An alternative line of investigation that the students were divided up and whisked to different places was bolstered by comments made by Mexican Federal Prosecutor Alejandro Gertz Manero to La Jornada newspaper last July that the 43 students, who formed part of a larger group engaged seizing buses in Iguala for use as transportation to a planned demonstration were confused with members of a rival drug organization, detained by multiple security forces and then summarily executed.
Other developments portending progress in the search for the truth include the establishment of an Ayotzinapa truth and justice commission promoted by parents, a new investigation announced by the head of Mexico’s official National Human Rights Commission and formal agreements with a host of international partners. These include the United Nations, Innsbruck University, the Argentine forensic specialists and the Inter-American Commission on Human Right’s Interdisciplinary Group of Independent Experts (GIEI), an investigative body of foreign experts which was invited in by the former Pena Nieto government but not allowed to continue its work in Mexico after issuing a couple of inconvenient reports that departed from the premises of the “historic truth.” Under AMLO’S administration, the GIEI is back in town.
To be sure, serious obstacles crowd the road to the truth, not the least among them the resistance of powerful interests which might be involved in the crime as well as the notoriously bureaucratic and reputedly corrupt judicial system where the Ayotzinapa cases have been fragmented and delayed.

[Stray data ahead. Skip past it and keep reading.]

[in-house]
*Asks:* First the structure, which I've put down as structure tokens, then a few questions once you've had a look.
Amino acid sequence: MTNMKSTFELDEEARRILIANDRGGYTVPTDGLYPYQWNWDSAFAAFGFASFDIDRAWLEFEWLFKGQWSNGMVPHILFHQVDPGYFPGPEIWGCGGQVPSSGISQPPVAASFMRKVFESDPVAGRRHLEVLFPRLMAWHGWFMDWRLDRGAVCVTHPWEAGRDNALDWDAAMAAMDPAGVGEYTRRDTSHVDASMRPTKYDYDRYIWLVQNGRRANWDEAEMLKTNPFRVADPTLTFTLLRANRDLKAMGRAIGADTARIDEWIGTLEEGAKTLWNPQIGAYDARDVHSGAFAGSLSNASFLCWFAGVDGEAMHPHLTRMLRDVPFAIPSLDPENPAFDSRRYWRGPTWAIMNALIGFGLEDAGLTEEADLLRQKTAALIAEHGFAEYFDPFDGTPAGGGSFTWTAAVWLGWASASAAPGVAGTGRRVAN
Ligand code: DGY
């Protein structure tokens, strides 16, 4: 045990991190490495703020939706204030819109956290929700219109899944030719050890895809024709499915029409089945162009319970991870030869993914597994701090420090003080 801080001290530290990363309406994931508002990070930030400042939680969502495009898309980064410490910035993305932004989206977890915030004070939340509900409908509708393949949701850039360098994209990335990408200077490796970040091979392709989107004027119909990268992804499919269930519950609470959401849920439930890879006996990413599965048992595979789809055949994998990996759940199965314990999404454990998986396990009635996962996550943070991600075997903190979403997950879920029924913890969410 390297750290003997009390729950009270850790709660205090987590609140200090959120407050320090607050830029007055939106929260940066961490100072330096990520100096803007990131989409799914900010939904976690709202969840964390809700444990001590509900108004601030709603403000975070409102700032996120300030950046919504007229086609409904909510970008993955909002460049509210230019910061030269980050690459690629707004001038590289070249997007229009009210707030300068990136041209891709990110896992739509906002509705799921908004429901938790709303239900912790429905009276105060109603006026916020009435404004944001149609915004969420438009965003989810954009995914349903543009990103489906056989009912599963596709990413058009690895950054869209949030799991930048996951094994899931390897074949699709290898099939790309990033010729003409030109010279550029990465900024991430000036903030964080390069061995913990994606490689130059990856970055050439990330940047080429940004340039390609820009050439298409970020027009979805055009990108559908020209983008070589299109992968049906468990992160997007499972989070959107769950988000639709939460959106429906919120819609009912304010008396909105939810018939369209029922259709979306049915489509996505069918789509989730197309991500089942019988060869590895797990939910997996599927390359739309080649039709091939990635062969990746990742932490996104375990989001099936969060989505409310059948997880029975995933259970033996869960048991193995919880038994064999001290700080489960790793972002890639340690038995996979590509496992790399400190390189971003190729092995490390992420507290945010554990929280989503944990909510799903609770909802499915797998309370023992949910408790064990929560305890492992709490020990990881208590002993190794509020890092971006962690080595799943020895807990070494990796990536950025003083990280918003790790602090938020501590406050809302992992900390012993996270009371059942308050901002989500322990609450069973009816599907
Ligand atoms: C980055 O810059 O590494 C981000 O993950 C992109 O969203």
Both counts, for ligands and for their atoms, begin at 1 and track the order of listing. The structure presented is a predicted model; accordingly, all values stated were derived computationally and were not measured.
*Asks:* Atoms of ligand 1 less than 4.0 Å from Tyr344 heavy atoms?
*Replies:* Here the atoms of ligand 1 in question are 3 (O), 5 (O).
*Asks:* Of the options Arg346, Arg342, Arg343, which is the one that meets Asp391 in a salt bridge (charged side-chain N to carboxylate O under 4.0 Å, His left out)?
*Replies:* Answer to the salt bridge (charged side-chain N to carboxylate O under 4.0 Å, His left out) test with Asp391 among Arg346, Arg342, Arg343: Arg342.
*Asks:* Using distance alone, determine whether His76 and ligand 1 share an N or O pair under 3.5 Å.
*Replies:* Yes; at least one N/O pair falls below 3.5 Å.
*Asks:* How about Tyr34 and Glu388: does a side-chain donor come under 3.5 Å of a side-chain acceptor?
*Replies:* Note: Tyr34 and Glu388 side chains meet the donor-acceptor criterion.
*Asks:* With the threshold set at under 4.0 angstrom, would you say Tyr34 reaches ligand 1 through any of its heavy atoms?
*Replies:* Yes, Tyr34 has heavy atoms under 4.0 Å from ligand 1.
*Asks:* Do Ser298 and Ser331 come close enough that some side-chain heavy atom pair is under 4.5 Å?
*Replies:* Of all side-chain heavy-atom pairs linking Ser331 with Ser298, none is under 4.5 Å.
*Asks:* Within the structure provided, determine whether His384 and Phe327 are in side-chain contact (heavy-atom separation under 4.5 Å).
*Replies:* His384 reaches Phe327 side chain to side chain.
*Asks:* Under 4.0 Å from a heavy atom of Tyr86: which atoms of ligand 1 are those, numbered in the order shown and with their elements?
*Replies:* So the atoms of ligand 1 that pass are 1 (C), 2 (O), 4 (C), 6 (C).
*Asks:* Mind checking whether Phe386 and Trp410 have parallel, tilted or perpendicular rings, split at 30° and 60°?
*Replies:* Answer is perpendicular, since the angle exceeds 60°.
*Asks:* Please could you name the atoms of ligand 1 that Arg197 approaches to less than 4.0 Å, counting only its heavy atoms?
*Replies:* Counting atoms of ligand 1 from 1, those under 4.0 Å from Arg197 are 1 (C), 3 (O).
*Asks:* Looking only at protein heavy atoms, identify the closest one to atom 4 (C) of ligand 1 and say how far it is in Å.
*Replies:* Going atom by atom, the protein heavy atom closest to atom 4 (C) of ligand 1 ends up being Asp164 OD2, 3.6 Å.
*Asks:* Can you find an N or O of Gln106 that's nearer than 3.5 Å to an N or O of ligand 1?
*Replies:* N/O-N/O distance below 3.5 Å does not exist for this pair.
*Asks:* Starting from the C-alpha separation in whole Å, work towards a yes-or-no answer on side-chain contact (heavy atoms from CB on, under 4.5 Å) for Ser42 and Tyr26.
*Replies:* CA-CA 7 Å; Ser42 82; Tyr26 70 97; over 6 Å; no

Another glaring example of justice denied surrounds the outright murders of six people in Iguala on the evening of September 26-27, three Ayotzinapa students and three civilians who happened to be in the wrong place at the wrong time. Gathering cobwebs in the court system, the murder cases have largely been overshadowed by the mass abduction of the 43 missing students.
Mario Patron, longtime Mexican human rights attorney and former director of the Miguel Agustin Pro Juarez Human Rights Center which has represented Ayotzinapa parents, identifies another huge barrier standing in the way of truth and justice.
“The environment of macro-criminality that was operative in Guerrero at the time of the events has not been clarified,” Patron recently wrote in La Jornada. According to Patron, one of the strong points in the previous GIEI reports was zeroing in on the largesse and mechanics of an operation that disappeared dozens of students over an eight hour period and with ample resources drawn from throughout the northern region of Guerrero state.
“That could only happen by means of a criminal structure that connected organized crime with distinct levels of government,” Patron continued. “It’s pertinent to reiterate that, when we speak of macro-criminality, we refer to criminality strengthened from the State, in which public institutions work for the interests of organized crime.”
Six years after the Night of Iguala, the case of the 43 perhaps stands as the litmus test in determining the nature of the Mexican State. What will prevail? A viable State committed to human rights, justice and democracy or an endlessly corrupted and brutal version of it?